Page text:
|Roofers face more
insurance worries than many other businesses. As well as the possibility of
damaging the building you are working on (public liability) and insuring
your van or lorry, you need to check that your sub-contractors also carry
public liability insurance. You also need to ensure that if you ever use any
heat source (such as a hot-air gun or a bitumen boiler) that this is
declared to your insurance company. Some insurers even consider that a
soldering iron as a heat source!
and all of the other businesses and workers that help you with your
contract, such as labourers and scaffolders, and your insurer will expect
you to keep written evidence that you have seen it (such as providing a copy
of their public liability insurance certificate).
may have a copy of their public liability insurance certificate, only to
find that their policy was not valid. Unfortunately, we do find that a lot
of businesses cancel their insurance not long after taking out the policy
and we suspect that in many cases it was only purchased to obtain their
certificate. Additionally, an increasing number of people are buying their
insurance via internet comparison websites and entering false information in
order to obtain cheaper premiums. The end result of this is that their
policy will not pay out any claims because they have made a false
|It is a fact that
this makes the sub-contractors personally liable, however unless they can
pay thousands (or tens of thousands) of pounds, it is unlikely they will be
able to compensate the claimant and the claim will be bouncing back to you.
Your insurance policy will need a “contingency liability” clause if
your insurers are going to entertain the idea of paying the claim
can include a sub-contractor under your insurance policy – we call these
workers “labour-only sub-contractors” and the ones that carry their
own insurance, supply their own tools and materials and work under their own
direction “bona-fide sub-contractors.”
sub-contract to another contractor, you must make certain that you have an
“indemnity to principal” extension.
|A quick check list
of things to insure
- Do you own your workshop? If so, you
need buildings insurance of course!
- Add up the new cost of your equipment
plus stock and arrange workshop (or commercial combined) contents cover.
- If you are a tenant, do you have a
responsibility for anything your landlord has provided such as a shop
front (including the glass)? This can usually be added to a workshop
- If you are a tenant, did you do anything
to your workshop when you moved in – such as decorating, build a
counter, sign writing on the glass or install more cables? If so, add
tenants improvements extension to the salon policy because if this was
damaged in, for example, a fire, your landlord will probably not be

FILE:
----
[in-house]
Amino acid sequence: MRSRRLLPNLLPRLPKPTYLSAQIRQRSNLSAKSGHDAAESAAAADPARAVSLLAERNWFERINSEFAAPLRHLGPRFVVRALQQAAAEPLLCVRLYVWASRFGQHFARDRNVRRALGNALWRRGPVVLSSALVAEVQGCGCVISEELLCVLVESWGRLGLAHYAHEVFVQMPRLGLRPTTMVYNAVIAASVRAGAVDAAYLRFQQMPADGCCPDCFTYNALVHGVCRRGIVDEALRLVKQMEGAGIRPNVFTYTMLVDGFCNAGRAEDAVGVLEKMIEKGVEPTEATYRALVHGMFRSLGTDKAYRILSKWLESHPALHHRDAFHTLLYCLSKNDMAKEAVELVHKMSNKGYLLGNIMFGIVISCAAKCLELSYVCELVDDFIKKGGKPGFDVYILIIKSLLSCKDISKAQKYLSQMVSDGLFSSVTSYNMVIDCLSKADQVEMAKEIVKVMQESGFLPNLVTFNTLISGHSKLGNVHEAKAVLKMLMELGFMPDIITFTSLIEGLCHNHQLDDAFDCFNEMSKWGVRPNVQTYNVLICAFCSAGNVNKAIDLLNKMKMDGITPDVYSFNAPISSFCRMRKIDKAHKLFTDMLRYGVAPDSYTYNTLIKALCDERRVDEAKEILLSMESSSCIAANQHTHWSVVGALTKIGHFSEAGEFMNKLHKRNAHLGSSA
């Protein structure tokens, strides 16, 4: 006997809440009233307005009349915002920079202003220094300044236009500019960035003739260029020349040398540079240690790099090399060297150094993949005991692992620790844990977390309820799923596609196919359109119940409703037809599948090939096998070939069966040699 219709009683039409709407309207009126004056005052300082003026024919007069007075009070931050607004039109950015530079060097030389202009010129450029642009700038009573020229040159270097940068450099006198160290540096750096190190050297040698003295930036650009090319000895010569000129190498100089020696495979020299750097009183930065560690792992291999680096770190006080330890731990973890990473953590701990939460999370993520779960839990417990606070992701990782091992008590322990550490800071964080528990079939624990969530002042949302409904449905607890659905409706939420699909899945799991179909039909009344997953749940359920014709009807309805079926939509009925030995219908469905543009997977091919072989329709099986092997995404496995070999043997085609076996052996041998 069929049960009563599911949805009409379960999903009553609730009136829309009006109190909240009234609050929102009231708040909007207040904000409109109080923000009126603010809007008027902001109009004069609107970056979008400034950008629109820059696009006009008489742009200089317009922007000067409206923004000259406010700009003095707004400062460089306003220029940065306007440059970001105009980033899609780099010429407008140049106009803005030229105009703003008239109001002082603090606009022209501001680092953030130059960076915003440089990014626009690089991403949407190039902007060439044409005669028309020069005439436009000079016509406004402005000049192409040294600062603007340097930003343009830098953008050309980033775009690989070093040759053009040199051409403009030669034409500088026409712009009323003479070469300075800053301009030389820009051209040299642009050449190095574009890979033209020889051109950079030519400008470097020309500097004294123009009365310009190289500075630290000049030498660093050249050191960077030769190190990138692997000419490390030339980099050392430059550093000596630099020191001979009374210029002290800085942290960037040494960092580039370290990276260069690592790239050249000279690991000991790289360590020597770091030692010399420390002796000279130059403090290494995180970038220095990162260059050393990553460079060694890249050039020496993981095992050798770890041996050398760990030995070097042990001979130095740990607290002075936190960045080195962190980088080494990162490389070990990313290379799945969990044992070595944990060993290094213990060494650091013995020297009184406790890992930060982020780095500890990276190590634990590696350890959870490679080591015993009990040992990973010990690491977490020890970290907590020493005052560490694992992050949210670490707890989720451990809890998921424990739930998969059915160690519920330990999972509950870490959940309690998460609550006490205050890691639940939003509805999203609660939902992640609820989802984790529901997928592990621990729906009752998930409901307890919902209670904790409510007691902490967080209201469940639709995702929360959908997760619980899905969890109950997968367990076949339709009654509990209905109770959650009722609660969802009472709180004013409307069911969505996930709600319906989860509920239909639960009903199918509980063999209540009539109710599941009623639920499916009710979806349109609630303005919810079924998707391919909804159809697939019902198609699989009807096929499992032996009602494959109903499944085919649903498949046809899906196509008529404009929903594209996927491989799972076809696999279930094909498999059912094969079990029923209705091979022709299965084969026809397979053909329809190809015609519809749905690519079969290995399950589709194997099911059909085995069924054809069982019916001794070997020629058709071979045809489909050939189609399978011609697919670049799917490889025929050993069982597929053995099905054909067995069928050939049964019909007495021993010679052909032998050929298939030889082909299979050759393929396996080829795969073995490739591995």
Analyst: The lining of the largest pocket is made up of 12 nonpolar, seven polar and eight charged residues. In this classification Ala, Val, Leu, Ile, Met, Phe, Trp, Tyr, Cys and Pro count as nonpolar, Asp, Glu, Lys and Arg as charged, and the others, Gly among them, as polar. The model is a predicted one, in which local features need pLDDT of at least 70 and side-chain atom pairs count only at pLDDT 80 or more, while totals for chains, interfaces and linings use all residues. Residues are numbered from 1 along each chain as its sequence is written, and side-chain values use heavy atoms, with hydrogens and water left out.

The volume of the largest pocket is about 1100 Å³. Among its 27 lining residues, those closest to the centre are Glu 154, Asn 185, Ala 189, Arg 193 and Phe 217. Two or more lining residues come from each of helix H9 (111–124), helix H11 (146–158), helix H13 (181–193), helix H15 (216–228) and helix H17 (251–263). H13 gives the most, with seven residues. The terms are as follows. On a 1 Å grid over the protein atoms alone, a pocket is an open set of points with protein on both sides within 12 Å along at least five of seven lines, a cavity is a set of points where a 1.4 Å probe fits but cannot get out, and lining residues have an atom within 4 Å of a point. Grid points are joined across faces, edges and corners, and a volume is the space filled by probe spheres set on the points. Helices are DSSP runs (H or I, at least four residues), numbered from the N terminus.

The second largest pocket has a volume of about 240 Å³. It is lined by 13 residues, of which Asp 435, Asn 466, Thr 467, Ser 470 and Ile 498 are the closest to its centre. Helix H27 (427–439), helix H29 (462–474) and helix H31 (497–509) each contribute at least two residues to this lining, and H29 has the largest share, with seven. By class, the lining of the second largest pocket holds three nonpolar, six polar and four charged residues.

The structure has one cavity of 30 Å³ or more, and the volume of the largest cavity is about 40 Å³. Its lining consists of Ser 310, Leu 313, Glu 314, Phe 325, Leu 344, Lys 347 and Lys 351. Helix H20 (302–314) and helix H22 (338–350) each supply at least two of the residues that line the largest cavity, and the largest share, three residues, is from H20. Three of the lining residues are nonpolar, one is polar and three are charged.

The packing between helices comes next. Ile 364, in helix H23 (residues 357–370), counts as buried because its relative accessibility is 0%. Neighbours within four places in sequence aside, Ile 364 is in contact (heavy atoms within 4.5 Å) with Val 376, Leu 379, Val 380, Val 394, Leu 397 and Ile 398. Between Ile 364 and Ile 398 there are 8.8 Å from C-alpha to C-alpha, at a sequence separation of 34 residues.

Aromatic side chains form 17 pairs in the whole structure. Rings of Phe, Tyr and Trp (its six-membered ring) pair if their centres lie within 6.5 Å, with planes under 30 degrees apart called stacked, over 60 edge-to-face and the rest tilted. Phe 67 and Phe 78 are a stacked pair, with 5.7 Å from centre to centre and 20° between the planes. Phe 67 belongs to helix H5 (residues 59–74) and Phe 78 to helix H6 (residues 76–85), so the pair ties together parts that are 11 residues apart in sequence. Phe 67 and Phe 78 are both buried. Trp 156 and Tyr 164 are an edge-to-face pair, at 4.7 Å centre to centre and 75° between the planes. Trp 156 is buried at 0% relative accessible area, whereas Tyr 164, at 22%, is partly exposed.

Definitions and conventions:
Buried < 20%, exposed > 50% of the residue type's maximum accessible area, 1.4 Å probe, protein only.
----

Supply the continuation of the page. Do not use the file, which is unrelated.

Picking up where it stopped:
- Make sure you have public liability
cover for visitors to your workshop (sometimes this is referred to as
“property owners” liability
- You will need to have public liability
in case you damage your customer’s property or hurt them.
- Do you use your car or motorcycle for
work? If so, tell your insurers because social domestic and pleasure
cover won’t be satisfactory and commuting only insures you for driving
between your home and workplace.
- If you employ any staff, or you are not
the sole worker in a limited company, you will require employer’s
liability by law.
- Your van or lorry
Don’t forget yourself! If you have an accident or fall ill, you may be
earning no (or less) money. A personal accident and sickness policy is a
simple solution, although your financial adviser can advise upon a wider
range of solutions.
|When you buy
public liability insurance, check these points
- Have you declared all of your work?
- Have you advised all of your work
places? There will always be excluded work places (such as nuclear power
plants or even factories) and usually height limits (an exclusion of
buildings above 15 meters height is very common)
- Does it cover the use of any heat? If
you ever use heat and the use is excluded, the insurers can decline a
claim even if heat wasn’t used, because you have made a false
declaration to obtain the insurance.
- Does it cover the use of
- Does it include “contingency liability”
- Does it include “indemnity to principal”
- What is the excess? We have seen
excesses as high as £10,000. Unless you can put your hands on this sort
of money within a few weeks (and can afford it), we think you should
find a policy with a lower excess! Bear in mind that heat-related claims
often have a higher excess.
businessman makes sure they have all of the relevant insurance policies in
place as soon as their business starts – and makes sure they are all renewed
when they are due!
|The only insurance
policies you require by law will be motor insurance for your vehicles and
employer’s liability insurance if you have any staff. You may be surprised
to learn that if you are the owner of a limited company but are not the sole
worker (your partner may help you with paperwork for example), then you will
require employer’s liability for yourself.
|It is at this
point that I should really recommend that you pick up the phone and speak to
a professional advisor about insurance rather than trawl through the
internet and hope to stumble upon a website that might be relevant to you –
unless you try mine of course!
And if you use heat and have been looking around
for insurance already, you may have found that virtually nobody wants to
|Well, the good
news is that there are specialist providers around, and at Versatile
www.versatileinsurance.co.uk .We welcome enquiries from roofers that use
heat. We already insure many, many businesses like yours all around the
country and are keen to build upon our success.